Back in 2010 when I was applying for clerkships, I had little knowledge of the corporate law world. None of my friends had gone down this path, but I’d heard that it’s a “good thing to do”, it would look good on my resume, and that it would open doors for me down the path. So I threw my hat into the ring, with little knowledge of where it would lead me.
Fast forward a few years, and I knew that the career path I had chosen wasn’t for me. Some people thrive in corporate law, but I wasn’t one of them.
Jerome Doraisamy also learned the hard way. As a young law student and junior lawyer, he pushed himself to his physical and mental limits – undertaking a double degree, working as a paralegal, volunteering as the Vice President of his University’s Law Student’s Society – until it all came crashing down. After being admitted as a solicitor in New South Wales, Jerome was diagnosed with severe clinical depression.
In an incredibly brave move, Jerome has detailed his challenges and learnings in his first book, The Wellness Doctrines. To be completely honest, when I started reading Jerome’s story I felt quite emotional; he has created exactly the resource that I (and every other law student and young lawyer) needed to read.
Did you know that at least one in three legal professionals suffers from depression?
This powerful book really tackles mental health in the legal industry head on, and includes case studies from academics, managing partners, lawyers, graduates and students. Covering issues like pessimism, perfectionism, competitiveness, the tough job market and balance, The Wellness Doctrines is a smart and holistic resource, and I urge you to read it for practical steps and insights it offers to help you take charge of your wellbeing.
I was so thrilled when Jerome agreed to let me publish an extract on Career Chronicles. The following piece is about finding the right job for you, which is highly relevant to all young law students and lawyers (and graduates in other professions too!).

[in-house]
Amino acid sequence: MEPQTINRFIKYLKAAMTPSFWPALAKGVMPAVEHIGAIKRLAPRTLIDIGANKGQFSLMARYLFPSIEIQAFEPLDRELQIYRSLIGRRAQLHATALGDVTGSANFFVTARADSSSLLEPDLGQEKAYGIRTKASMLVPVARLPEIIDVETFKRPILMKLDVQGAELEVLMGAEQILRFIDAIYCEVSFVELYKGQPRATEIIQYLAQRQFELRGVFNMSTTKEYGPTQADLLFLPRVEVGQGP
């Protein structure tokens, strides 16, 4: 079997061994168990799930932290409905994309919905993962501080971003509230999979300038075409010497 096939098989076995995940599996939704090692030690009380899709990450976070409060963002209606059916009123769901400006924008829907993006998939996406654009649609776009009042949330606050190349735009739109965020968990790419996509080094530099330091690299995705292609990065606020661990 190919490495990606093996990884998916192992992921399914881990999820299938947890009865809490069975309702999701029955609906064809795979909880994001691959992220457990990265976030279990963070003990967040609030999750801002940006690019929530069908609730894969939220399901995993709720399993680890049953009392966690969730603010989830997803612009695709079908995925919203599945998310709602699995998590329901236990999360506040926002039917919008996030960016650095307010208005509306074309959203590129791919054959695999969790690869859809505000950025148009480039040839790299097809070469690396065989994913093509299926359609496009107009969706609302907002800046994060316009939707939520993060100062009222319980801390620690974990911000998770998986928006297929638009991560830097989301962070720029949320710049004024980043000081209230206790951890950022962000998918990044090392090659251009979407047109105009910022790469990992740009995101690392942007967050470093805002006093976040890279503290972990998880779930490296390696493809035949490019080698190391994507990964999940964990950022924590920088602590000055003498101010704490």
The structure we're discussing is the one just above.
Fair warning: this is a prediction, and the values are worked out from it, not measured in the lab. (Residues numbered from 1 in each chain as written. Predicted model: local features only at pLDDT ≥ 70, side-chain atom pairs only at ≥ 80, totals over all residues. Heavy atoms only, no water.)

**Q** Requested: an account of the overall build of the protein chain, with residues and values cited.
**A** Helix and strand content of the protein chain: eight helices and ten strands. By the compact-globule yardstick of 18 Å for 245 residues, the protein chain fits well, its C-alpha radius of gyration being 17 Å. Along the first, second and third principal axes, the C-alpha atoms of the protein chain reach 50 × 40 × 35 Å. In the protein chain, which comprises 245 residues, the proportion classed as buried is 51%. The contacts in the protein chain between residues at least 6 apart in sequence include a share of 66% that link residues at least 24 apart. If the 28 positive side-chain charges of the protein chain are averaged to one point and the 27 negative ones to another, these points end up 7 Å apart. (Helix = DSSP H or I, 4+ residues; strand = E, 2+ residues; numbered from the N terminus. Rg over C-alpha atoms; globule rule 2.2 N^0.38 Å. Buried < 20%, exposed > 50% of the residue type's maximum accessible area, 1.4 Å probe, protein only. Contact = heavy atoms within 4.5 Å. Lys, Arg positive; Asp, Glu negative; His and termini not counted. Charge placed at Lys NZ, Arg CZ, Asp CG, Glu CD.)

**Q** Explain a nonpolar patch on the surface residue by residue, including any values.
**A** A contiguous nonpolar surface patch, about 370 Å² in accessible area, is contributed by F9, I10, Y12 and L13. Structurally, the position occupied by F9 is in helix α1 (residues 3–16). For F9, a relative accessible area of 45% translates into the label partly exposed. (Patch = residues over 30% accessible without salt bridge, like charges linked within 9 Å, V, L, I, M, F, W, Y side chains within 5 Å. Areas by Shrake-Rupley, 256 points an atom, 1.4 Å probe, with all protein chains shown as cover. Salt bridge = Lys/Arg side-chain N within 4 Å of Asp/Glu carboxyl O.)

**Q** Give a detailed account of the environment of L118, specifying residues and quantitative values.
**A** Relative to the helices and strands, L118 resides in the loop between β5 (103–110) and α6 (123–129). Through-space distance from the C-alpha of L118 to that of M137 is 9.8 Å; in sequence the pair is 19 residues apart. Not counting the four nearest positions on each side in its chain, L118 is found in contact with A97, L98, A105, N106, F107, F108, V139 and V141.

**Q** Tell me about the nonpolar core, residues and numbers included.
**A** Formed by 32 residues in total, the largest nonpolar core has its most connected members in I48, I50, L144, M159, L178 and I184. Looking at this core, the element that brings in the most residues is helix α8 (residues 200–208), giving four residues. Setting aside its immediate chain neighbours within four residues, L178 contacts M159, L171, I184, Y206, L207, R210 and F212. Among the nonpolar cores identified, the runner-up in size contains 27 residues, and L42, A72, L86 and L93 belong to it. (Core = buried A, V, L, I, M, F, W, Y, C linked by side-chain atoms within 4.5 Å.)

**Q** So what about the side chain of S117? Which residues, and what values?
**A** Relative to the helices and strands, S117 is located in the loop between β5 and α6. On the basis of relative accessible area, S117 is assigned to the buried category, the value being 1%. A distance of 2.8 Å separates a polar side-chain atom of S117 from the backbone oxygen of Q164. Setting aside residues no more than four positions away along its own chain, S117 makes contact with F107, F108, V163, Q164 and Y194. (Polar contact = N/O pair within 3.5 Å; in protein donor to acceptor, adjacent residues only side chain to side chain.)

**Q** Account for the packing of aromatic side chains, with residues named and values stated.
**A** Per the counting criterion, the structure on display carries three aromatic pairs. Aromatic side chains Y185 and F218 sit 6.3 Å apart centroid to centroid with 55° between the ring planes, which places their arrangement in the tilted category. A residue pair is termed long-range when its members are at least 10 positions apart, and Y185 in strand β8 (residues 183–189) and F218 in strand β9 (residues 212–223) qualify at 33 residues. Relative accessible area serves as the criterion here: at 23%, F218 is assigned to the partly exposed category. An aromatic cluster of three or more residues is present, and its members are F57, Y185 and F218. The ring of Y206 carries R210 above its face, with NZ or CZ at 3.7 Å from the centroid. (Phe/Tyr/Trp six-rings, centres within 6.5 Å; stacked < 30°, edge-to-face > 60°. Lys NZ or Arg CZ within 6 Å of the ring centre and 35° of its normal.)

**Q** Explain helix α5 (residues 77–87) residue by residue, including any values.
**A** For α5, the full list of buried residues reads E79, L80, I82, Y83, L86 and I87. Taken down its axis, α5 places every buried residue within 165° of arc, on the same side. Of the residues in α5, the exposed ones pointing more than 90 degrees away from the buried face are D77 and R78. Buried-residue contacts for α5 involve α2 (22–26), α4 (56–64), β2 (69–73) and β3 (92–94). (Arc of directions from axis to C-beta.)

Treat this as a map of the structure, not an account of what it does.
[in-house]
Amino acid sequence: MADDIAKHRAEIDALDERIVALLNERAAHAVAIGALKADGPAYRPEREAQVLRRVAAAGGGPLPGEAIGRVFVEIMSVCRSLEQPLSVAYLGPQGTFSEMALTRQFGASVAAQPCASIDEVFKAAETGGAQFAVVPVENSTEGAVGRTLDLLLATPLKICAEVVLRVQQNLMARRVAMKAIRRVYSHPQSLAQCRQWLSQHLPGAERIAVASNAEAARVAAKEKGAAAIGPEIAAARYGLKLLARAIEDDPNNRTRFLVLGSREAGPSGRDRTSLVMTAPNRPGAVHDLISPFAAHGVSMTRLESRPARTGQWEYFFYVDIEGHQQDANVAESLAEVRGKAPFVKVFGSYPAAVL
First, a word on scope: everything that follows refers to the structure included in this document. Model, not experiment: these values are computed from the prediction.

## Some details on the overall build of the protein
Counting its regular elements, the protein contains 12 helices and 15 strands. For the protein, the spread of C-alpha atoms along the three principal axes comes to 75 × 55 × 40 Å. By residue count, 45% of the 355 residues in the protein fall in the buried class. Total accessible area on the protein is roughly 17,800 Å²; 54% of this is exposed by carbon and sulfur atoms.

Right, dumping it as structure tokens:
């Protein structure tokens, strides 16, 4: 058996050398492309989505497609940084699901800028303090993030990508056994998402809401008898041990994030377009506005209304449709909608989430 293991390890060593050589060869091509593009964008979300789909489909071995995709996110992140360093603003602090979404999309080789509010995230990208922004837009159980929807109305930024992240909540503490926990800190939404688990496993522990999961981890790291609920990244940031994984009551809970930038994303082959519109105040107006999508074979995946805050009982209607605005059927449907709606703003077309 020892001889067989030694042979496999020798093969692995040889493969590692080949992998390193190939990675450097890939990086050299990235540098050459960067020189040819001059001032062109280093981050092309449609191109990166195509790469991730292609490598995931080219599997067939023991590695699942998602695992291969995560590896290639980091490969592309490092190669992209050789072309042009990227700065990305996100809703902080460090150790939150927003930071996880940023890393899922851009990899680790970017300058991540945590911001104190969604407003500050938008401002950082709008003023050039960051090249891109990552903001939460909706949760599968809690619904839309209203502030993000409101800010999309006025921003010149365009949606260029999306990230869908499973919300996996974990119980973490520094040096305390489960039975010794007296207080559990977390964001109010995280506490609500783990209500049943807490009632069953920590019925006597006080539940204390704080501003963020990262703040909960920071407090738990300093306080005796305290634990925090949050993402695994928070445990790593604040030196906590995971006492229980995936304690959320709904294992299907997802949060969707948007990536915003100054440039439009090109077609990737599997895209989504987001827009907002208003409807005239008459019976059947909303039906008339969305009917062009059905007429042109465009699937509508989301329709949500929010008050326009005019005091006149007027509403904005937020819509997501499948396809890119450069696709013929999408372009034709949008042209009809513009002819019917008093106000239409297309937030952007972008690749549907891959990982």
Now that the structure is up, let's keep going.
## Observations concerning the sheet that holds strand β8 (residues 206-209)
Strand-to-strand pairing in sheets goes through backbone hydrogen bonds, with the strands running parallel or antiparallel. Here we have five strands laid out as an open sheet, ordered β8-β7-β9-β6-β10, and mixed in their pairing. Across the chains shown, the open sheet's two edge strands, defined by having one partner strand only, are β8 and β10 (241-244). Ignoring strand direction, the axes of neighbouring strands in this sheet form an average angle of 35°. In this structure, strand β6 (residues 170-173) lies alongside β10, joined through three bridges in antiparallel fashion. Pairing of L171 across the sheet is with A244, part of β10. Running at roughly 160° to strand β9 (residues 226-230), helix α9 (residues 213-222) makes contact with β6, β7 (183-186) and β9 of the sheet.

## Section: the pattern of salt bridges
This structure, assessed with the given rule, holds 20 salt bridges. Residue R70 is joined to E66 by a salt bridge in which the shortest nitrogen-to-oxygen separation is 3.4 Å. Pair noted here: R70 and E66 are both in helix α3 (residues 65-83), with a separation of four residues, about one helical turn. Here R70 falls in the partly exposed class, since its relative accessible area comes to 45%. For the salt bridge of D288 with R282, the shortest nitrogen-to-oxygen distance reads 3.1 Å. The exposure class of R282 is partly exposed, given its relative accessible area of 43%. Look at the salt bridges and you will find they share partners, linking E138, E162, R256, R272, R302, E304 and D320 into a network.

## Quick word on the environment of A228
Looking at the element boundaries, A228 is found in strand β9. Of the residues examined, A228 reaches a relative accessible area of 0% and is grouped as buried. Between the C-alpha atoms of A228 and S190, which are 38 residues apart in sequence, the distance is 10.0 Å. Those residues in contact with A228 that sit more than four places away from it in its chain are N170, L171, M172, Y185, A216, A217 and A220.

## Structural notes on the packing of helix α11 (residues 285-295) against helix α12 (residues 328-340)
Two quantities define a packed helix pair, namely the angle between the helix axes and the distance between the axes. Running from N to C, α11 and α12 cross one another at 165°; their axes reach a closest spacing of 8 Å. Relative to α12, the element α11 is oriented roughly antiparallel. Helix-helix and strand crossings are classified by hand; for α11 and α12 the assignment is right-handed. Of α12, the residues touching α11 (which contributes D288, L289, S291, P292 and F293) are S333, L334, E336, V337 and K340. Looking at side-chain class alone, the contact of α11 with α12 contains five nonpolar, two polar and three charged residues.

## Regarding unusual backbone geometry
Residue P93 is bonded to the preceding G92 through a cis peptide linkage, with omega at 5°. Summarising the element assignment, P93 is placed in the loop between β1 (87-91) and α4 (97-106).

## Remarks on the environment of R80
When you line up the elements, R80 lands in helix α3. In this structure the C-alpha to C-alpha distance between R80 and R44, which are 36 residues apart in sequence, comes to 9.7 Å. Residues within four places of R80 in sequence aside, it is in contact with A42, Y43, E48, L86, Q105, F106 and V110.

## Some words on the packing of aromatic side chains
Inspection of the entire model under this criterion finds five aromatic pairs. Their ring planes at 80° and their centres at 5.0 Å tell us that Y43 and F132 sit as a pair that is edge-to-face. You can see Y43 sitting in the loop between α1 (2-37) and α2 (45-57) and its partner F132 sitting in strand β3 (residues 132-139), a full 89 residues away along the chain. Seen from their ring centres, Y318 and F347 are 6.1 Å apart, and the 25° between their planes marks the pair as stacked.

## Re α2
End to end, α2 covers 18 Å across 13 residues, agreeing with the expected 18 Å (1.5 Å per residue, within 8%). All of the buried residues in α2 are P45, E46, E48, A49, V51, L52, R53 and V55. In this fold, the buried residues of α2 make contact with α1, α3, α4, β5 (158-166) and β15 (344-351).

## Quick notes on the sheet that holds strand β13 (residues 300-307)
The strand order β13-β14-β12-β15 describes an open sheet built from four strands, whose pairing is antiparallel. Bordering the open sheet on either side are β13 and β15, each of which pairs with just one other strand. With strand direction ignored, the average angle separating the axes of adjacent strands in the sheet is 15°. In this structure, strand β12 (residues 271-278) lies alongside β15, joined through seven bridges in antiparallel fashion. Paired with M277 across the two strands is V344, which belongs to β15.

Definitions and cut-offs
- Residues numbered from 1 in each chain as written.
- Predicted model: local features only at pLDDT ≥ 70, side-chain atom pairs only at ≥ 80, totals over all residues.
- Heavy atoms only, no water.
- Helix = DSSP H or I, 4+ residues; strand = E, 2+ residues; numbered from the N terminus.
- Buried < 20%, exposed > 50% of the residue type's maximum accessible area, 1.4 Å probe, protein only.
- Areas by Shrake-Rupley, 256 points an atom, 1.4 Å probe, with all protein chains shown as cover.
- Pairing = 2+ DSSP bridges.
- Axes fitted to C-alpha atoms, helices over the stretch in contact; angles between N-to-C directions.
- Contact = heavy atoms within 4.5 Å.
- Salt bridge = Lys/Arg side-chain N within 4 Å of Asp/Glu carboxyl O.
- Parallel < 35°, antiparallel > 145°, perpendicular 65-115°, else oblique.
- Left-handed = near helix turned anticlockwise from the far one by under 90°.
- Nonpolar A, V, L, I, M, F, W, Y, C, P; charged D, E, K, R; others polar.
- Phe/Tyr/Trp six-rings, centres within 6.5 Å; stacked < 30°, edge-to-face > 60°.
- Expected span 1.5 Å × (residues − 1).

Without further ado, here’s an extract from Jerome’s book The Wellness Doctrines.
The Wellness Doctrines
Having fulfilling, revitalising work is considered a critically important component of recovery and wellbeing – even more so than cognitive behaviour therapy and medication. Therefore, you must find work that satisfies you and makes you happy! Finding such work, however, can be harder than one might hope.
A common gripe for students and graduates is that law schools, careers sites, and fairs place too strong of an emphasis on advertising and/or advocating for corporate and commercial law careers, at the expense of other vocational paths that may better cater to the broader cohort of law students. This gripe is not necessarily unfounded – yet it is also not entirely a situation in which blame can be assigned to any party or even a group of parties. Law firms, generally speaking, have a greater fiscal capacity to promote and offer internships and employment opportunities, as well as the ability to sponsor law student society and/or on-campus events, when many not-for-profit government and other public interest organisations do not have the means to do the same. Consequently, the average law student feels that attaining a summer clerkship, securing graduate employment with a law firm and/or being chosen as a judge’s tipstaff or associate, is the be all and end all.